Samplers also appeared in the 1980s. These machines store recordings and play them back; the difference between them and tape recorders are that samplers allow for great variation in the manner of playback. Digital technology makes effects such as reversing, looping, instantaneous restarting, and variable playback speed easy to accomplish. Modern computer sound cards work like a sampler that the computer can control and feed data to on-the-fly. The first sampling computer was the Commodore Amiga, released in 1985. From this computer, tracking was born, introducing digital music composition to the home consumer and started a new generation of musicians and genres.
As should be apparent from above, MIDI is a rather important part of digital music production, so it helps to have a basic idea of what it is.
As mentioned above, MIDI is a sequence of commands to make sound, as opposed to representing actual sound itself. The main part of it is note-on and note-off commands: for a keyboard instrument, these represent keys being pressed and released, for a plucked string instrument, they would be the plucking and muting of strings, for wind instruments, the starting and stopping of blowing a note, and so on. Associated with each note command is a channel, which can have a number from 1 to 16, and a velocity, which might represent how hard the key is hit or the string is plucked, and is usually supposed to affect the loudness of the note (though this can depend on the instrument configuration). Different instruments receiving the same stream of MIDI commands could be configured to only listen to specific channel numbers, or a single instrument could be set up to produce different sounds on different channels at once; either way, you can play a whole set of instrument parts from a single MIDI command stream.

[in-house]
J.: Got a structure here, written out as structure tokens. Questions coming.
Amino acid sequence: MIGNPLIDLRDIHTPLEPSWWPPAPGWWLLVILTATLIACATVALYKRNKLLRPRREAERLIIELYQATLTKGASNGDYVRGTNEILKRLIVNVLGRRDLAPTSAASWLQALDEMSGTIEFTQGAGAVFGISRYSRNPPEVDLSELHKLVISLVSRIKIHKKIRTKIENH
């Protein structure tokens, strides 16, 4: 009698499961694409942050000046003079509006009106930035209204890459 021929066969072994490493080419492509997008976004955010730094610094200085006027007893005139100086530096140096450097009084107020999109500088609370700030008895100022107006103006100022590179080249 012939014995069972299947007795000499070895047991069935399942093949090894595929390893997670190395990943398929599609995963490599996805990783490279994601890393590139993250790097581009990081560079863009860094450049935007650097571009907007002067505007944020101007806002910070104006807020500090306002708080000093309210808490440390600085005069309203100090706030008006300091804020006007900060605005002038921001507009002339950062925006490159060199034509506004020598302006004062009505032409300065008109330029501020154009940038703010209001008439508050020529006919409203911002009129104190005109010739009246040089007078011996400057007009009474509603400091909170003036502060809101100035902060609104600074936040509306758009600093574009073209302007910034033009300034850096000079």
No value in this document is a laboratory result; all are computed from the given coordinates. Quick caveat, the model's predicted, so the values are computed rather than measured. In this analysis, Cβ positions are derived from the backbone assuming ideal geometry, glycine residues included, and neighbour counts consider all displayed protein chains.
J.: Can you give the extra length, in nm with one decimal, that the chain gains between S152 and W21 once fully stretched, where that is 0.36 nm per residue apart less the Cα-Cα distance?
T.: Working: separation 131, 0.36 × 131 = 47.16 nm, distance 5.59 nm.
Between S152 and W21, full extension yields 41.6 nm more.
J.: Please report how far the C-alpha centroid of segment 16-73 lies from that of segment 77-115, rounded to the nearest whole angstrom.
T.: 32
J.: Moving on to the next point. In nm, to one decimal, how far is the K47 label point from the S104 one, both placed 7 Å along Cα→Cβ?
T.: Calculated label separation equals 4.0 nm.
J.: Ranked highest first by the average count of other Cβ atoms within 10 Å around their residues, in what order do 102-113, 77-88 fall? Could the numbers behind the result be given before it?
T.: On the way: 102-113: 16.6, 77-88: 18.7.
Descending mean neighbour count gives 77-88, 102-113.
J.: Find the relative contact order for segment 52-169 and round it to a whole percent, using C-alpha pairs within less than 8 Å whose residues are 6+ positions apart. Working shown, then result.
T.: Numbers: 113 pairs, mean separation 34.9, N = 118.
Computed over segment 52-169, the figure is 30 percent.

Of course, 16 channels isn’t a lot—perhaps sufficient to emulate a small band, not for an entire orchestra. This small number reflects the limitations of digital technology in the early 1980s, when MIDI was first formulated. However, there are ways around this, for example by running multiple concurrent MIDI streams, each driving a different set of instruments. This is not hard to do on a modern computer. Thus, in such ways, the venerable MIDI standard continues to remain useful, to the point where no proposal for a successor has managed to gain much support.
Besides note commands, there are also control-change commands to set values for controllers on each channel (e.g. vibrato depth and speed), and program-change commands to choose the instrument for each channel. There are also non-channel-specific messages, of which the most important is “all notes off”—very useful if, for some reason (software bug, congestion on the MIDI connection or whatever), you have managed to send a bunch of note-on commands without corresponding notes-off; sequencer programs will often have a “Panic” button which, when clicked, sends this command and silences the cacophony!
There is also a set of “system-exclusive” commands (commonly abbreviated “SysEx”), the meanings of which are up to the makers of the instruments. These could be used to set up the full range of synthesizer parameters, or even load actual sound data into the synthesizer.